Sometimes it is very difficult to cut the umbilical cord. This may be true literally, but in this case, I’m not talking about something physical – though it does feel like a physical separation sometimes. One example of this separation anxiety happens to me when I read or watch the news. I read news from the U.S., and from around the world, but every day I also try to read news from Argentina, Israel, and Colombia – countries that have been my home. And I feel a deep connection with those places even though it has been many years since I’ve lived there.

Something very unusual happened a few weeks ago in South America.

Suddenly, at about 7:00 am, more than 50 million people lost power. There was no storm related event that prompted the outage. Most of Argentina and Uruguay, as well as parts of Brazil, Chile, Paraguay, and Bolivia were blacked out for more than six hours.

It is the largest blackout ever recorded in the world.

The outage disturbed Father’s Day celebrations, transportation and communications.

How does this relate to a rabbi’s blog?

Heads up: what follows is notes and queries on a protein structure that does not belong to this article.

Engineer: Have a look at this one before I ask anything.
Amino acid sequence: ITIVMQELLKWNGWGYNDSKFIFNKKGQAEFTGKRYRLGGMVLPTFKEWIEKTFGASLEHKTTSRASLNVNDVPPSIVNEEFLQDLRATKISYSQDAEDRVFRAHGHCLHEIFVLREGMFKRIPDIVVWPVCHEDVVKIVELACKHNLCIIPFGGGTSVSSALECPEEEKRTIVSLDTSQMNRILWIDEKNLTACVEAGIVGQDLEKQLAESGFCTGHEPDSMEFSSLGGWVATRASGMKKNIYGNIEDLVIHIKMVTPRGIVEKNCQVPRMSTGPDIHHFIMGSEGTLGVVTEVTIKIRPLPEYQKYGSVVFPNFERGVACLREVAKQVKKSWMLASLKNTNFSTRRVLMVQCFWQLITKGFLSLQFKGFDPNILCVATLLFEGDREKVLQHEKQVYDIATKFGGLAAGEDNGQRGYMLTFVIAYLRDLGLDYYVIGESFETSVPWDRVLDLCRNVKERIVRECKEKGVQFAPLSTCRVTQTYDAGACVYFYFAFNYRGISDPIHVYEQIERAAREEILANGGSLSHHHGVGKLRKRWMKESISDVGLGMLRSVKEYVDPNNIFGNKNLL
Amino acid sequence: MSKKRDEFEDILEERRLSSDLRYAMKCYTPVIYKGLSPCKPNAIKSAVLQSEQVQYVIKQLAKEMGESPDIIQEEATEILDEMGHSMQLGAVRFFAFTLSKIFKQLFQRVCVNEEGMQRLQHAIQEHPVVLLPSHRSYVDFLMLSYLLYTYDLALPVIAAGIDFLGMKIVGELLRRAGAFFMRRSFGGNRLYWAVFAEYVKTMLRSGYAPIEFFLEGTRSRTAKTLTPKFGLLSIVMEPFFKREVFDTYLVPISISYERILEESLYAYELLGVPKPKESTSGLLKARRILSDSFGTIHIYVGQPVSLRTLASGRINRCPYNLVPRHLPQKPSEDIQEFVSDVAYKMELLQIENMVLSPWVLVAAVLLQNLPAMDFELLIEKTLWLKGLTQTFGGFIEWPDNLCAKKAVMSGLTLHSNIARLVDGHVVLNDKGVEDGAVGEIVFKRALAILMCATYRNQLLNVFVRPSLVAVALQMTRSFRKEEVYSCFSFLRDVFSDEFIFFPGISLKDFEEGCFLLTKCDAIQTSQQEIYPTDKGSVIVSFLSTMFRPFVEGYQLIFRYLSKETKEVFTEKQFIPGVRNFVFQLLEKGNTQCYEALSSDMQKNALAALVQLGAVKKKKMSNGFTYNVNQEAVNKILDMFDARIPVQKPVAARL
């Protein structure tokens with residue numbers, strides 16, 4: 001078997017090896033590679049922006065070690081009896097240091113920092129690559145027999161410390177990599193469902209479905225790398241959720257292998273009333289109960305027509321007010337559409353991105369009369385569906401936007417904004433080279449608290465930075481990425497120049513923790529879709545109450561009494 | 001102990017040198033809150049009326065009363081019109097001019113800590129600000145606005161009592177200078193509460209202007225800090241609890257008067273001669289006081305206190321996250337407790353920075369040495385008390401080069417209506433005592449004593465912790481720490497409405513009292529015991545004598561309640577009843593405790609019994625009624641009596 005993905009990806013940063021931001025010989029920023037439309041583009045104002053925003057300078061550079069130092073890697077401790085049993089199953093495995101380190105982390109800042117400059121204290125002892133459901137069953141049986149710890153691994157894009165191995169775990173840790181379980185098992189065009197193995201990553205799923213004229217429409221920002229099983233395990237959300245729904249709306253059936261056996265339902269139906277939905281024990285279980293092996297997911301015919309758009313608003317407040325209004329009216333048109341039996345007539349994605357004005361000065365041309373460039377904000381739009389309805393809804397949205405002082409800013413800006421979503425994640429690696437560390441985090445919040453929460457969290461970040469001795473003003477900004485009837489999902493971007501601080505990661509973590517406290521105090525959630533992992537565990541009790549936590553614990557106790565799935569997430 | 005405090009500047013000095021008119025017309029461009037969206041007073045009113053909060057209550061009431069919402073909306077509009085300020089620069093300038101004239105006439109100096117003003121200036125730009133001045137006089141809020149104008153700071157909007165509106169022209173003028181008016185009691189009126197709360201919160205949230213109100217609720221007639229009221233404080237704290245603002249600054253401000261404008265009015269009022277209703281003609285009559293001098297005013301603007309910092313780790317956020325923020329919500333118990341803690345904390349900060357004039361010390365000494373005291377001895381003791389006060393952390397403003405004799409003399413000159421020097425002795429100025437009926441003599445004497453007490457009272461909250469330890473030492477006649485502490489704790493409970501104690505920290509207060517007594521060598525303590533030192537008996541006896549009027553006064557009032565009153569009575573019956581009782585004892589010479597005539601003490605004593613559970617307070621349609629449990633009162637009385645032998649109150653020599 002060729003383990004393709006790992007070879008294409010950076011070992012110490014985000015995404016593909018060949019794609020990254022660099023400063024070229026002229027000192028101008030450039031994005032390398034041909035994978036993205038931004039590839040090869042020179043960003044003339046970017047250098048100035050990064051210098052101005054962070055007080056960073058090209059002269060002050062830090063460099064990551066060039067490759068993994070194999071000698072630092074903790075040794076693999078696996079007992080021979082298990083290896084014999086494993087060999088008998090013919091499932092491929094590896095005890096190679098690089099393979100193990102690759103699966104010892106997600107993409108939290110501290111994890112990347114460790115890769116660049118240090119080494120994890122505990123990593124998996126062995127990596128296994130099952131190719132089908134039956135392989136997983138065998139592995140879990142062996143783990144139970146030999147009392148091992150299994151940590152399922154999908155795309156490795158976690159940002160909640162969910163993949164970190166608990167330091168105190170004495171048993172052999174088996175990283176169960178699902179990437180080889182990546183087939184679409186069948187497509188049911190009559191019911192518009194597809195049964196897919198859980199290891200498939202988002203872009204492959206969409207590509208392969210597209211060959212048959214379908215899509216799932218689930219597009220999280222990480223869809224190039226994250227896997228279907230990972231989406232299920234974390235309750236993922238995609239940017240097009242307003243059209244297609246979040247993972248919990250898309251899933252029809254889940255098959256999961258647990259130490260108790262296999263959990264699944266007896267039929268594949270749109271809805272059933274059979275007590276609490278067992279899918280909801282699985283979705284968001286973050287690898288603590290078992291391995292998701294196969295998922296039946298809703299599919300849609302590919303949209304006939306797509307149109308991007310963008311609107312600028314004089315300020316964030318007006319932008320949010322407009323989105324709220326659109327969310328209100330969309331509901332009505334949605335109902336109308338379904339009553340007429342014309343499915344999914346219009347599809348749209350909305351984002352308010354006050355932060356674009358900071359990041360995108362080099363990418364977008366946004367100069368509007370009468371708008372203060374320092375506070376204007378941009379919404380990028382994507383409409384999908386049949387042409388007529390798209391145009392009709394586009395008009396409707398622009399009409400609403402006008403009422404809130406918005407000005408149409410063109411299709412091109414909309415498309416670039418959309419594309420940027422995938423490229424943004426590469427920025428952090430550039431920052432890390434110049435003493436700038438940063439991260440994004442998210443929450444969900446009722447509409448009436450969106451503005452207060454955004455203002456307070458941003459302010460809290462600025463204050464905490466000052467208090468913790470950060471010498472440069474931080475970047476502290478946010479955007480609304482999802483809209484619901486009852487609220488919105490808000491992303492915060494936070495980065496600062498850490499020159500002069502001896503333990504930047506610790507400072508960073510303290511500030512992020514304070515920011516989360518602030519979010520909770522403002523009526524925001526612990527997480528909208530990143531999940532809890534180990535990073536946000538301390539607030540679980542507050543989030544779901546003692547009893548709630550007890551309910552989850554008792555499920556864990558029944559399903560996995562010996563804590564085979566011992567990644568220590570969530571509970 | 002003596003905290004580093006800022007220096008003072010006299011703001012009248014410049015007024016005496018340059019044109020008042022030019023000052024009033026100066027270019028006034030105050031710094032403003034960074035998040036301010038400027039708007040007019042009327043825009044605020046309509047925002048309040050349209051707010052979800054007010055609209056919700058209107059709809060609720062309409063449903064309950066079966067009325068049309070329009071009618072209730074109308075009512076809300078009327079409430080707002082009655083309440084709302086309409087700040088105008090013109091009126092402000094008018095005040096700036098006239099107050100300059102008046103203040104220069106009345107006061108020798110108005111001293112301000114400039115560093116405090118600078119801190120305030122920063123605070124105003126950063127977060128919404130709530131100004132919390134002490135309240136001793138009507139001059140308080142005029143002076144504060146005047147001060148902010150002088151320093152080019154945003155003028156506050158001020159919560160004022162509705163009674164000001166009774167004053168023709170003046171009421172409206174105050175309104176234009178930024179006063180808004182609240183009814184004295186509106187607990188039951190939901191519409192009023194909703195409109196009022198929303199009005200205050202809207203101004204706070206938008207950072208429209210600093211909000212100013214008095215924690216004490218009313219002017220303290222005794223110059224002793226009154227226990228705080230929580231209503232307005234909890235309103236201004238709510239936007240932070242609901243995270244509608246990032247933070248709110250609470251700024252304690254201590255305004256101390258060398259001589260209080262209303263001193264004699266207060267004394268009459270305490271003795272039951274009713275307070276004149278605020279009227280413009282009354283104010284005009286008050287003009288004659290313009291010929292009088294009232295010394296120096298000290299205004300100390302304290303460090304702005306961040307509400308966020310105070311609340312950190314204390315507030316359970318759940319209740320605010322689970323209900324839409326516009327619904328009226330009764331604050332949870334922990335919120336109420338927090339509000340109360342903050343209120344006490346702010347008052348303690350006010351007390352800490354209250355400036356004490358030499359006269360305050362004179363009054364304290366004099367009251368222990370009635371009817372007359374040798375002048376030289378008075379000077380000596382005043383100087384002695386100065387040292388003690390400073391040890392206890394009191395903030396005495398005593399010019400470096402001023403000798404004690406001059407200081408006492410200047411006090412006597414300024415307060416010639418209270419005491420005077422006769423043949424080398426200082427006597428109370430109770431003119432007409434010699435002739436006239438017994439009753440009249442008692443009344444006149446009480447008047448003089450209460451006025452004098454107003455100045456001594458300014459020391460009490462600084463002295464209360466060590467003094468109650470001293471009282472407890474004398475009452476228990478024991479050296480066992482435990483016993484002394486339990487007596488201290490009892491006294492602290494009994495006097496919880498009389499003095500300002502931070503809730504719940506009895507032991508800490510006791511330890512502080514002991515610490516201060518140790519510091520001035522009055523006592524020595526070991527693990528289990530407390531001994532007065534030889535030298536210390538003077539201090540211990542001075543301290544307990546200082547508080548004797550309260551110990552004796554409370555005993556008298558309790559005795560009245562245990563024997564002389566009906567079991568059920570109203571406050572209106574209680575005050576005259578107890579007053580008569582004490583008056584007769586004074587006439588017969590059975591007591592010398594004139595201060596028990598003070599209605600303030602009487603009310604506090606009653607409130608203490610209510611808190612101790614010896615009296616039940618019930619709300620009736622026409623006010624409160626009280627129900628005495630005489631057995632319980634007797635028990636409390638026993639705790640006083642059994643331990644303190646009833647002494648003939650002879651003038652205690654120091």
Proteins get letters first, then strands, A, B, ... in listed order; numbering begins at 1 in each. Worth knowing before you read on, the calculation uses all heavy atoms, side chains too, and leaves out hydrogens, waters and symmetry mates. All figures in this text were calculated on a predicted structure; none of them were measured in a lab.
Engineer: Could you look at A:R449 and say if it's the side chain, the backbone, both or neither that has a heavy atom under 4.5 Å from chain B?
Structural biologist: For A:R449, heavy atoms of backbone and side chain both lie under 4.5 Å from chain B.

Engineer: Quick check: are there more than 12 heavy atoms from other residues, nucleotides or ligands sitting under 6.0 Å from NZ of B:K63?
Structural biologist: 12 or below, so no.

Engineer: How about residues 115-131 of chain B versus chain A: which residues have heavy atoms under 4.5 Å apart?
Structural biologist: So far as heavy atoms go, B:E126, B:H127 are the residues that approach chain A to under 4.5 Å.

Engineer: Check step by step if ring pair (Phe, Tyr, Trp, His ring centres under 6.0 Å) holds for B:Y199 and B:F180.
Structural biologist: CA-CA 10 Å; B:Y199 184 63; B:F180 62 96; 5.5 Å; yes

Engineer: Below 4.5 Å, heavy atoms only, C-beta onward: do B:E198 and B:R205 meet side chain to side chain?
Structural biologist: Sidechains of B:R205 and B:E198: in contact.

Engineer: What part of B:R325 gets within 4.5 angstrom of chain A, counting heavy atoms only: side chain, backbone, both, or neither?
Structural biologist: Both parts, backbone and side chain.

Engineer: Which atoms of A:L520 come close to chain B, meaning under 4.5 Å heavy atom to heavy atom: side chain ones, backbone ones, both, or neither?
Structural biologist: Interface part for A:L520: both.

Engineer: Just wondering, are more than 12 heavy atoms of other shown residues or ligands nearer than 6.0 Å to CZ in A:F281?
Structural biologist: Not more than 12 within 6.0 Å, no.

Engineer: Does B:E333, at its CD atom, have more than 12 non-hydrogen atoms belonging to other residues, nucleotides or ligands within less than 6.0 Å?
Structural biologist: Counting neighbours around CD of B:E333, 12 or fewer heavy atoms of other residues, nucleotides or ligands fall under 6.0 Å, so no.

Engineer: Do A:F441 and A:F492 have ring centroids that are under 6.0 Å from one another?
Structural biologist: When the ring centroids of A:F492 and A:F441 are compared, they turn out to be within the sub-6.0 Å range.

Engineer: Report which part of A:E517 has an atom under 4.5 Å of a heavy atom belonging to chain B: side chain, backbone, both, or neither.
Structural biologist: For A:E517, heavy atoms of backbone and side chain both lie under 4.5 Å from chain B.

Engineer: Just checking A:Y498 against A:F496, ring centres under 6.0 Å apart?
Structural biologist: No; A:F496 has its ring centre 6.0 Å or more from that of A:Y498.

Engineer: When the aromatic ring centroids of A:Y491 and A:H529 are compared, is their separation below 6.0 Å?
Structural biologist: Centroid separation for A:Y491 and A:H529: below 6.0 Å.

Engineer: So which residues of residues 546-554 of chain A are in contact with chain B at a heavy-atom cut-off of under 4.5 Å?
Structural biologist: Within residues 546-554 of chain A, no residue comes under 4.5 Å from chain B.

The Talmud in Brachot 9B states that the beginning of the morning happens “When one can see another person, who is merely an acquaintance from a distance of four cubits and recognize him.”

In other words, there is light when you can see there is another human being close to you.

One of the most famous scrolls found in the Dead Sea caves in Qumran was “The War of the Sons of Light against the Sons of Darkness.” In it, an apocalyptic description of a war divided in two periods, ends up with victory of the light over the darkness where the darkness is totally destroyed.

As we have recently passed the Summer Solstice, the longest day of the year, when there is more than five hours more light than the shortest day of the year, we should acknowledge that other parts of the world experience the opposite.

Our complex world challenges us every day. We are asked to find more light and try to dissipate darkness. We strive to find the right balance about what type of news we want to read, how we sift through all there is to read and how we process that news, too.

Posted by Rabbi Fabián Werbin

1 comment

…and so? How that relates to the apagon? Was it ever solved?

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